Genuine experience is a variety of experiments entered into carefully, with the mind freed from prejudice and uncontrolled by previously established opinions and habits; marking the results with careful solicitude, anxious to learn, improve, and reform, on every or any habit, if that habit is not in harmony with physical and moral law. With some, the idea of others gainsaying that which they have learned by experience seems to them to be folly, and even cruelty itself. But there are more errors received, and firmly retained, under the false idea of experience, than from any other cause; for this reason, that which is generally termed experience is no experience at all, because there has never been a fair trial by actual experiment and thorough investigation, with a knowledge of the principle involved in the action. Men and women, with constitution and health gone, because of their wrong habits and customs, will be found recommending their experience, which has robbed them of vitality and health, as safe for others to follow. Very many examples might be given to show how men and women have been deceived in relying upon their experience. HR June 1, 1872, par. 4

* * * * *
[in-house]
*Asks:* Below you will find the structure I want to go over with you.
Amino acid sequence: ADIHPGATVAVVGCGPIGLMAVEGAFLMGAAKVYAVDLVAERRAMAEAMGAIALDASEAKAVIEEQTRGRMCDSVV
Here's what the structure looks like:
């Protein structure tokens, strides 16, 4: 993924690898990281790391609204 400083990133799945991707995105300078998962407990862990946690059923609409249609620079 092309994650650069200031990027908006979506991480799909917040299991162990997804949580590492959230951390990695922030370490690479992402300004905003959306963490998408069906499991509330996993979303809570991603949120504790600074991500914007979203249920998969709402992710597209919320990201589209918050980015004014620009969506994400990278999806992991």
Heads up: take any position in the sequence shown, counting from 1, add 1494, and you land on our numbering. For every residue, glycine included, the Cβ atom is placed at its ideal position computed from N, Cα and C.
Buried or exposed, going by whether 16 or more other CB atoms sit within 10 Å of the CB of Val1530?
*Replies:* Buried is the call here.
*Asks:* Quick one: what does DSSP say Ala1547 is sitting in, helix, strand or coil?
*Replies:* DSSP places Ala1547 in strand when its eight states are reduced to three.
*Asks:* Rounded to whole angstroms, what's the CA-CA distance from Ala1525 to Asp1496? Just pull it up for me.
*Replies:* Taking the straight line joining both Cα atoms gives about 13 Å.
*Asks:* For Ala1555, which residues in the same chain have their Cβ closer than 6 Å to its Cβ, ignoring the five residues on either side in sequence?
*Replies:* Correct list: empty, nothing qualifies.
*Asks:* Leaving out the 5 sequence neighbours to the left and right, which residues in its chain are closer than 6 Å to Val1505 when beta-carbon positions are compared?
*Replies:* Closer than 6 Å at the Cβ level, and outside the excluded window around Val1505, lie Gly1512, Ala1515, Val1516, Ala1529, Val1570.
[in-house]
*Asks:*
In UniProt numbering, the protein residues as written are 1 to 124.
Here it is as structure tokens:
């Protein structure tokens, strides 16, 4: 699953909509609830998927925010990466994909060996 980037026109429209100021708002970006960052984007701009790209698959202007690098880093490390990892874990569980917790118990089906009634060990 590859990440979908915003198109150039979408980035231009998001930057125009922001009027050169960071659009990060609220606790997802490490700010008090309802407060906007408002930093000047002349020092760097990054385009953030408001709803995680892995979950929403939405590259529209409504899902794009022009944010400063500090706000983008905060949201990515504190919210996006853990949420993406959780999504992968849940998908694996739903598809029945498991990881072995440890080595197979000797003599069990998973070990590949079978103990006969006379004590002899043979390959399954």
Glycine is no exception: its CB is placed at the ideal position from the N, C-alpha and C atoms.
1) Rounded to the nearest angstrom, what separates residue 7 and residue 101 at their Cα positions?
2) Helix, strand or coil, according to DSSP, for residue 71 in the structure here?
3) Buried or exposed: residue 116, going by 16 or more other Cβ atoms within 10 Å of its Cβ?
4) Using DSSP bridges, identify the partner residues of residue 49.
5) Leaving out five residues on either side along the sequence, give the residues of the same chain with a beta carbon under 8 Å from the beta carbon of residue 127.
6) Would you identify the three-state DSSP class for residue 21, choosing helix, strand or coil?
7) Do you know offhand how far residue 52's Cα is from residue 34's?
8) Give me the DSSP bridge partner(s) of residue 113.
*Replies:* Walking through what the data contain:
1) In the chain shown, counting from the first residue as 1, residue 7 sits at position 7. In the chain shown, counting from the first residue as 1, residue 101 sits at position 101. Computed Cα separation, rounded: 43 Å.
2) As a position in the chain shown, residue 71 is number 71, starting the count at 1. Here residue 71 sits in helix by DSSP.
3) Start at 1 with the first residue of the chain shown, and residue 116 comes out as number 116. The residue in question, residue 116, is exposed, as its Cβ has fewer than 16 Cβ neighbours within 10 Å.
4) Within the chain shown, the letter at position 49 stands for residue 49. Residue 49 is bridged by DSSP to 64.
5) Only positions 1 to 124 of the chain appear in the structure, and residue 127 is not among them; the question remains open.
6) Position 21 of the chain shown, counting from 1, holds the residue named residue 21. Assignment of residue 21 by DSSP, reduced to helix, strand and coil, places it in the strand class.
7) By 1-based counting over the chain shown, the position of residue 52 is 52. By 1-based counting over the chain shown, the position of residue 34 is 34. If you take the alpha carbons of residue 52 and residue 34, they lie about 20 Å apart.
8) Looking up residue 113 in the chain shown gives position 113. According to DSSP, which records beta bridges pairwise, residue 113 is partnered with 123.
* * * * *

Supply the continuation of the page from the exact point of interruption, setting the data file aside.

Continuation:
Persons who have been a long time feeble are in danger of imagining their cases far worse than they really are. Their fears are easily aroused. They have so long made their own cases subjects of thought that they really think they fully understand their own cases. If the counsel and judgment of physicians do not agree with their views of themselves they are set aside as of no account. “They do not understand my case” is often repeated. “They did not manage my case right.” Invalids are generally poor judges of what they need. If they understand how to manage their own infirmities why have they not made a success of treating themselves so that they need no physician. HR June 1, 1872, par. 5